KABUL: Afghanistan's parliament has rejected more than half of President Hamid Karzai's second list of Cabinet nominees — including two of three women — dealing him a fresh political blow as his government struggles to face the growing Taliban threat.
The move complicates U.S.-backed efforts to build a government capable of combating corruption and pursuing reforms considered key to defeating the Taliban and its allies as the U.S. and its international partners send 37,000 reinforcements to intensify the war.
Washington and its allies have been pressing Karzai to get his second-term administration in place ahead of a Jan. 28 international conference on Afghanistan to be held in London. The conference is aimed at streamlining efforts to bolster the Afghan government.
But the 224 lawmakers present Saturday approved only seven of 17 nominees, including Karzai's longtime national security adviser Zalmay Rasoul as foreign minister. The lawmakers also confirmed a new justice minister and a woman as minister of Work and Social Affairs/Martyred and Disabled.
Two weeks ago, parliament rejected 70 percent of Karzai's first Cabinet picks, forcing him to present a second list. The rejections leave Karzai without confirmed leaders for 11 of the 25 Cabinet posts.
Continued political turmoil has distracted Karzai, even as the insurgency grows more virulent. An American and a Canadian service member were killed Saturday in separate attacks, NATO and Canadian officials said.
The American died in a clash in eastern Afghanistan and the Canadian was killed by a roadside bomb in the Panjwaii district, about nine miles (15 kilometers) southwest of Kandahar City, the announcements said.
The international community had hoped last year's August presidential election would usher in a strong government to help keep disenchanted Afghans from siding with Taliban insurgents.
Instead, the fraud-marred election took more than two months to resolve, with Karzai declared the winner only after his last remaining challenger dropped out of a scheduled Nov. 7 runoff.
Lawmakers complained that some of the Cabinet nominees lacked the credentials to serve. Others claimed that some nominees are too closely aligned with warlords and were chosen to pay back political supporters who helped get the president re-elected.
Among those approved Saturday were a new justice minister and a woman as minister of Work and Social Affairs/Martyred and Disabled.
Two other women nominated to the ministries of women's affairs and public health were rejected, along with Karzai's choices for the portfolios of higher education, commerce, transportation, public works, refugee and border and tribal affairs.
"The rejection of the majority of the list shows that the people of Afghanistan are not happy with the work of the government," said Deputy Speaker Mirwais Yasiny. "It will disrupt the work of the government and is not good for the future and the fate of the country."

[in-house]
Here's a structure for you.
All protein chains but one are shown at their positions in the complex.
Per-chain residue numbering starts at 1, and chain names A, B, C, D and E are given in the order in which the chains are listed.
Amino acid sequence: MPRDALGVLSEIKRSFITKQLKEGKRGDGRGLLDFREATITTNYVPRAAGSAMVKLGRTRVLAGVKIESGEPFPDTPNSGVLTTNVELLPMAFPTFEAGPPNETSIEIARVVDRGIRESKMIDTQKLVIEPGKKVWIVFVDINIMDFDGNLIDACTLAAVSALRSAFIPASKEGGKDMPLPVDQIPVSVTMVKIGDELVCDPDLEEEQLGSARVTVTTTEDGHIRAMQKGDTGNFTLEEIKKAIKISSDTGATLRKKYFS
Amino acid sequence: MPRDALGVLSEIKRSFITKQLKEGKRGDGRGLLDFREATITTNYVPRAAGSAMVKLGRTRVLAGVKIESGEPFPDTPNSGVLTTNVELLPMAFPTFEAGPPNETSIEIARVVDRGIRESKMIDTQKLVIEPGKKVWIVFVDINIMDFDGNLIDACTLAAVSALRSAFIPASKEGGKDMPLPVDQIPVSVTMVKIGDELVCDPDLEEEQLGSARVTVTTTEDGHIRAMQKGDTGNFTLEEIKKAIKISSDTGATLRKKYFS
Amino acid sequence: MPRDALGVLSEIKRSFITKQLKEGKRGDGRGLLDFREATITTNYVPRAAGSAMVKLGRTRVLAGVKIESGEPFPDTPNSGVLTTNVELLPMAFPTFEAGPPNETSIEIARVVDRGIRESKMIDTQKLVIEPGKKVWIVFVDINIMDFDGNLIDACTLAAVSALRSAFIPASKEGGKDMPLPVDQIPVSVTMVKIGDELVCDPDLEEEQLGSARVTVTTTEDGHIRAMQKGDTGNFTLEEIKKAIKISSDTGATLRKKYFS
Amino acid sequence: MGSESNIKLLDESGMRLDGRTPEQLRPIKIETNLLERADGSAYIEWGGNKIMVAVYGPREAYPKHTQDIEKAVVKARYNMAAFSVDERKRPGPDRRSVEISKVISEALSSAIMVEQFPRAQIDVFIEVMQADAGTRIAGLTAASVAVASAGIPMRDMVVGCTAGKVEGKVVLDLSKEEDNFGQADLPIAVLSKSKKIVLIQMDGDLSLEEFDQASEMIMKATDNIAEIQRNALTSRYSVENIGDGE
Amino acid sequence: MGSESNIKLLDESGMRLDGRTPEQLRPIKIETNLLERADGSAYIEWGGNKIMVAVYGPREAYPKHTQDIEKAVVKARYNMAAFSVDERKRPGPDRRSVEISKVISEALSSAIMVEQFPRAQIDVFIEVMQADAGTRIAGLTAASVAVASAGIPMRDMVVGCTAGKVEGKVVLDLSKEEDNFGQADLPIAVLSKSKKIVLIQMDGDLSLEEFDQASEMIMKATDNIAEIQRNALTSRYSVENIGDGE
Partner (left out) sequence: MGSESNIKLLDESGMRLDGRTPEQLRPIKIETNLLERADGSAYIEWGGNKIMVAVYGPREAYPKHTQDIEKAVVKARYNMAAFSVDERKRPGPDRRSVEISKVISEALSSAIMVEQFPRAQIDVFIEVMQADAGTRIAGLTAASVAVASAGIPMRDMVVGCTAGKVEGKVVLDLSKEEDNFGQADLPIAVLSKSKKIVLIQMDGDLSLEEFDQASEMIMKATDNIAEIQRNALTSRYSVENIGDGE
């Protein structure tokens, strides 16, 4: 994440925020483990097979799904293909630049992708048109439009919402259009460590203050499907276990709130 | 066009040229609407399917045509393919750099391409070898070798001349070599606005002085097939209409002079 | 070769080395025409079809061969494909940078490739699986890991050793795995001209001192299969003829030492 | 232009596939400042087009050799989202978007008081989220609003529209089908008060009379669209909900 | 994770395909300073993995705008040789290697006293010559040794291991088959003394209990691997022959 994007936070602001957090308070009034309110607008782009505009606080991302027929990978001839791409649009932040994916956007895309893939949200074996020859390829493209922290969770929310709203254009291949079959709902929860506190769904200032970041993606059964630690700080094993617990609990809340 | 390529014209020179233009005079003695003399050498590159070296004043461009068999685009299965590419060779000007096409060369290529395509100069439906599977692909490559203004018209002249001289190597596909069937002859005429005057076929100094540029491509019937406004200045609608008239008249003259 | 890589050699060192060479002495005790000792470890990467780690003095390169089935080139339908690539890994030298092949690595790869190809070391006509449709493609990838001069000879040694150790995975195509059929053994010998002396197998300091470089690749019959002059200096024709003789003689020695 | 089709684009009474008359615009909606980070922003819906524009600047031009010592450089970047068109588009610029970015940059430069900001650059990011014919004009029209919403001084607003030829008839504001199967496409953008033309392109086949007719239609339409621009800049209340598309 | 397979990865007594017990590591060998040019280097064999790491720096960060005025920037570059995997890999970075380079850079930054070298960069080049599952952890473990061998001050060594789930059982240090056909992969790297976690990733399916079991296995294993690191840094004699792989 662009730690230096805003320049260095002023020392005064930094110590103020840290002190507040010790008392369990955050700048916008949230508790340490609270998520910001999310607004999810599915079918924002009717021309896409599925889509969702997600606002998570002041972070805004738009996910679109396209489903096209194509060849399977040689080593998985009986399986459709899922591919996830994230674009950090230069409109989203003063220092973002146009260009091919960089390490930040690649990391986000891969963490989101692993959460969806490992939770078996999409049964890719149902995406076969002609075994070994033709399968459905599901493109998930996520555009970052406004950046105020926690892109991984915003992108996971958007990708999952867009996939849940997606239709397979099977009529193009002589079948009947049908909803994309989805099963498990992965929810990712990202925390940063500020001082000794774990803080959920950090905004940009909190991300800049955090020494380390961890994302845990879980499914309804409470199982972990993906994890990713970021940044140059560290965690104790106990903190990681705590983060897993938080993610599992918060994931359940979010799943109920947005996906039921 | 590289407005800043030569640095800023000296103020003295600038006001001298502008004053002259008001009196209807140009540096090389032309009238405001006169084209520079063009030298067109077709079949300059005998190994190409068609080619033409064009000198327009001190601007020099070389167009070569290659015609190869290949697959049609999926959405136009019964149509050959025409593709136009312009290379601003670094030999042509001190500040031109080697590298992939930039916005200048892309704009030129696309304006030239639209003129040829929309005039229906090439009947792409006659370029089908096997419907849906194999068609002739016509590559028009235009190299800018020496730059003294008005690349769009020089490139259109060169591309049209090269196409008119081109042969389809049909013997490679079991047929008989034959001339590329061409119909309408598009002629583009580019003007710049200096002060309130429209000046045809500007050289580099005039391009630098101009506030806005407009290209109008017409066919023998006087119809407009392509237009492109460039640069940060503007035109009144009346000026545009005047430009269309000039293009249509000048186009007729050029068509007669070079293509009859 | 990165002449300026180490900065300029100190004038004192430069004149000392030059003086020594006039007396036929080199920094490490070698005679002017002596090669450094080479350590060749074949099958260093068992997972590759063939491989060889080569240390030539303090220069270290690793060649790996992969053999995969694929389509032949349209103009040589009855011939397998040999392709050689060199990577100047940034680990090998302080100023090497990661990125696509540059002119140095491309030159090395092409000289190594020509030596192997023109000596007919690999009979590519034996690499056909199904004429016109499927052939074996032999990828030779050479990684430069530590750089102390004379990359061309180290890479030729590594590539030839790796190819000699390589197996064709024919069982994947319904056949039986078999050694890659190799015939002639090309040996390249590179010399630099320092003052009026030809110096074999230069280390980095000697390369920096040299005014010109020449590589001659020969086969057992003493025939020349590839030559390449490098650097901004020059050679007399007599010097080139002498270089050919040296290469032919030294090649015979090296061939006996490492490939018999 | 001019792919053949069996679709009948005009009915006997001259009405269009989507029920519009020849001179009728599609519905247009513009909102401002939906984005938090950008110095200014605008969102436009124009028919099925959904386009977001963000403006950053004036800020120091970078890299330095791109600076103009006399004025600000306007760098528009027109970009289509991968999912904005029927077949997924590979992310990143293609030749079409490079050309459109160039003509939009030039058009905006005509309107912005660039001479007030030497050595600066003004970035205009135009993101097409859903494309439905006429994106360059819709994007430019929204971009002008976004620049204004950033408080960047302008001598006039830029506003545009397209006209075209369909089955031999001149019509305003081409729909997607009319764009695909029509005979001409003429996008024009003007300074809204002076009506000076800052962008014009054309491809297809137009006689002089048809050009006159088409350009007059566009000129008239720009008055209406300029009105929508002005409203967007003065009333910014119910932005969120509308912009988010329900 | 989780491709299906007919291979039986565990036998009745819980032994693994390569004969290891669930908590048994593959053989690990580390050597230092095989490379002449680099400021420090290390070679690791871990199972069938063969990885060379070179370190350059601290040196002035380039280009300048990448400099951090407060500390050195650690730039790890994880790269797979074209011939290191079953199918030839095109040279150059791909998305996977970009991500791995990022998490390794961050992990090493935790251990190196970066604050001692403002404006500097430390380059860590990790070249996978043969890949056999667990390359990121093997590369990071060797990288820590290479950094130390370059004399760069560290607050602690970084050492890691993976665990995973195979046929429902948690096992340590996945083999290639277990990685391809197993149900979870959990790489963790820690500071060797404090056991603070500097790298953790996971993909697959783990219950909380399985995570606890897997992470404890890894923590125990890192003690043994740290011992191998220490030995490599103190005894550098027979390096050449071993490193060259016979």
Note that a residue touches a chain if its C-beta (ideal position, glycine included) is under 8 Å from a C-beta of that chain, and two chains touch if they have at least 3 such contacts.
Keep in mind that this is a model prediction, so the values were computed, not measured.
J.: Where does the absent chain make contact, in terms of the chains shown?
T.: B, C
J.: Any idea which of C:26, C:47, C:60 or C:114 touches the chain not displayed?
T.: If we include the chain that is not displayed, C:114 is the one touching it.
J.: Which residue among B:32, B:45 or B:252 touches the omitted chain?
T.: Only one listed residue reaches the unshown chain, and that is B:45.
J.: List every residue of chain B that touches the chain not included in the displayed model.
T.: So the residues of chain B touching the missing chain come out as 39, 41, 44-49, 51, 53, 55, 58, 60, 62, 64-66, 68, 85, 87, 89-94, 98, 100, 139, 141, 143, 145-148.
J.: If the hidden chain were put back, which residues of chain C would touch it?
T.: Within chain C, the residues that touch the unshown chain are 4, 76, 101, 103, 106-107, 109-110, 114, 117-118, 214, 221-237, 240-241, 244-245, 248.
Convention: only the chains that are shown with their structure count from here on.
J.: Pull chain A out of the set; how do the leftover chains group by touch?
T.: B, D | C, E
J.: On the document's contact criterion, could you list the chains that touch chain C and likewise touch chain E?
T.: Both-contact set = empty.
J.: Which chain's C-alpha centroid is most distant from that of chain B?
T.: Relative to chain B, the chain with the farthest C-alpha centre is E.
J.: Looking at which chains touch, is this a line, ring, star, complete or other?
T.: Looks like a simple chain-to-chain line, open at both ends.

Kabul resident Mohammad Ershad agreed, saying Karzai's picks "will never win because the government didn't do anything the past eight years and there is no hope from it in the future."
However, lawmaker Mohammad Ali Sitigh said the two women nominees who were rejected were well-qualified.
"Unfortunately we have some lawmakers who, even if they see a woman who is very active, talented and well-educated, still can't vote for a woman," Sitigh said.
Among those approved Saturday was Zarar Ahmad Moqbel, a former Interior Ministry official who takes over the counternarcotics post.
After the first round confirmation vote on Jan. 2, Karzai ordered parliament to suspend its 45-day winter recess until a new Cabinet could be approved. Yasiny said lawmakers would meet again Sunday to decide how to fill the remaining posts.
Karzai's office issued a brief statement saying he had chosen the nominees "based on their talents, expertise and national participation" and regretted the outcome.
The discord stood in sharp contrast to the previous Cabinet vote in 2006 — the first by elected lawmakers to endorse a Cabinet following landmark parliamentary elections. Most of Karzai's choices were easily approved at that time in what was seen as an endorsement for the president's efforts to rebuild Afghanistan after almost three decades marred by Soviet occupation, civil war and Taliban rule.
The approval of at least one woman on the latest roster, Amina Afzali, was a minor victory for the president's efforts to place more women in high government posts in the traditionally male-dominated society, although lawmakers expressed disappointment that the other two candidates were rejected.
The only woman on Karzai's previous team — Minister of Women's Affairs Husn Bano Ghazanfar — was rejected by parliament the first time around.
U.S.-supported incumbents in the key portfolios of defense, interior, finance and agriculture were already approved in the initial Jan. 2 vote.
Karzai has not yet submitted a name to replace Ismail Khan, an infamous warlord who currently is the minister of water and energy and was rejected in the first vote.
NATO said Saturday that 11 insurgents had been killed in an overnight operation by Afghan and NATO forces that also netted a sizable amount of black tar opium and weapons and bomb-making materials in the Nad Ali district of the southern Helmand province.
Also Saturday, a district official was wounded when his vehicle was hit by a remote-controlled bomb in Khost province in eastern Afghanistan, said police spokesman Wazir Pacha. Latifullah Babakherkhail, chief administrator of Bak district, was on his way to his office when the blast occurred, damaging his vehicle, Pacha said.